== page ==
Gordon Cosby, founder of Church of the Savior, a church which began in our DC neighborhood in the 1940s, passed away yesterday morning.
Four years ago, just before I moved to DC, Church of the Savior was featured in a Washington Post article as its time as a church came to a close–“Activist D.C. Church Embraces Transition in Name of Its Mission.” Over its sixty years of existence, though it never grew to more than 200 people, the church had an amazing way of birthing communities of people that cared about their neighborhood: Christ House, Jubilee Housing, Jubilee Jobs, Potter’s House, Christ House, Mary’s Center, Samaritan Inns, to name just a few of the dozens of ministries that were created to see more of the kingdom of God in the neighborhoods of Adams Morgan, Mount Pleasant, Columbia Heights, and beyond.
Jim Wallis, my old boss at Sojourners, once described the Church of the Savior as having had “more influence around the country than any other church I know about.” Without Gordon and Mary Cosby’s commitment to Christ and to our neighborhood in decades past–long before it was a safe or popular place to be–Jim and Sojourners would not be who they are, our neighborhood wouldn’t be what it is, and neither The District Church nor I would be who we are.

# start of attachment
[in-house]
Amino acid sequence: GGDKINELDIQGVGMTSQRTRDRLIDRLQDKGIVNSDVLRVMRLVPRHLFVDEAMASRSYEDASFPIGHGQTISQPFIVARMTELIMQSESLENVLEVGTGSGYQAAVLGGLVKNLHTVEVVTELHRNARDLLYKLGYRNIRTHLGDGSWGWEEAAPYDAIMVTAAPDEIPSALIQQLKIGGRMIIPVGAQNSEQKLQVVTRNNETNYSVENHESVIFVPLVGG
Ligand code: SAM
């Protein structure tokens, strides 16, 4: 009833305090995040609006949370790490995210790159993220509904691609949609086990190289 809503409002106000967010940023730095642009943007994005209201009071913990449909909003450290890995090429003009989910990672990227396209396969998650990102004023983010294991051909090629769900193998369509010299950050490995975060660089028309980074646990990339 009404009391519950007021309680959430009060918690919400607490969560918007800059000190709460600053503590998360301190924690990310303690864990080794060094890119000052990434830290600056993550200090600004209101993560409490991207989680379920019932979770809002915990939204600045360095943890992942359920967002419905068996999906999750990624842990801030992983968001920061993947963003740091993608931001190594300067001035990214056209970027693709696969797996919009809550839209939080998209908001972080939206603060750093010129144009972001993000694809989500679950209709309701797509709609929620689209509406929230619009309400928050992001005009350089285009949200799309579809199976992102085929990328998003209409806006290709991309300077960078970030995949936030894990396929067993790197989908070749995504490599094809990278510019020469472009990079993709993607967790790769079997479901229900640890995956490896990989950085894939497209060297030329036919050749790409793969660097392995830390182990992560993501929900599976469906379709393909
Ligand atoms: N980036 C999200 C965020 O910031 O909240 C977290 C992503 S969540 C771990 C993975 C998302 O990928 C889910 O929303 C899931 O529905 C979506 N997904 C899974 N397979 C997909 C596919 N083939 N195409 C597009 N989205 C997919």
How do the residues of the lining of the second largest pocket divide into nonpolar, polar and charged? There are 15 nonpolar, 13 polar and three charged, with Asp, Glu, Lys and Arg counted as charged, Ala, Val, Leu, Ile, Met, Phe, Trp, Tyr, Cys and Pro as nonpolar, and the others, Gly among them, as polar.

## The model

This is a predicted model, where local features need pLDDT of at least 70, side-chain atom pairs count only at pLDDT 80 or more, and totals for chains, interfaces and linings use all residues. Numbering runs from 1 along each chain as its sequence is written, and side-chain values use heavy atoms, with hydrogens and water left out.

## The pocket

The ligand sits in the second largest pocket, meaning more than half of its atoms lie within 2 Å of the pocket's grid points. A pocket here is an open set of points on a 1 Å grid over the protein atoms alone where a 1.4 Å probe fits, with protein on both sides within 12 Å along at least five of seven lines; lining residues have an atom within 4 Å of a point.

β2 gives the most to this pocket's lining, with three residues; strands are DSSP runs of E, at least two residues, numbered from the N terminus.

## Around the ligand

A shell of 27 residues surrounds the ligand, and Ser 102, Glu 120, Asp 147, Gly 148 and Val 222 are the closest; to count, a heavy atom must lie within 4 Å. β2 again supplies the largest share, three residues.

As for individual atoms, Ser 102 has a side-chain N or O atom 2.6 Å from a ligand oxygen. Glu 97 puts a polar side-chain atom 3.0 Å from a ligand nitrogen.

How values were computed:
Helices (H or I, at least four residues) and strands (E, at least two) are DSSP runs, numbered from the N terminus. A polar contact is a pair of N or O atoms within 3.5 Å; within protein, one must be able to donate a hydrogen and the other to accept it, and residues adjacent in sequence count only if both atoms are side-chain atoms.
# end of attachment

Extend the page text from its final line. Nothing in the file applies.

I had a chance to meet and pray with Gordon last year (with Aaron). It was amazing–and amazingly humbling–to be in the presence of such a good and faithful servant, and I’m grateful that I got the opportunity to spend some time with him.
Thank you, Gordon, for your life and your faith; I walk in the path you carved and I follow in the footsteps you’ve left. Rest in peace.
Others have also written (far-more-eloquent) tributes to him, including:
- Aaron Graham, The District Church.
- Dean Snyder, Foundry United Methodist.
- Ellen Painter Dollar.
- Jim Wallis, Sojourners.
- Jonathan Wilson-Hartgrove.
- Rose Marie Berger.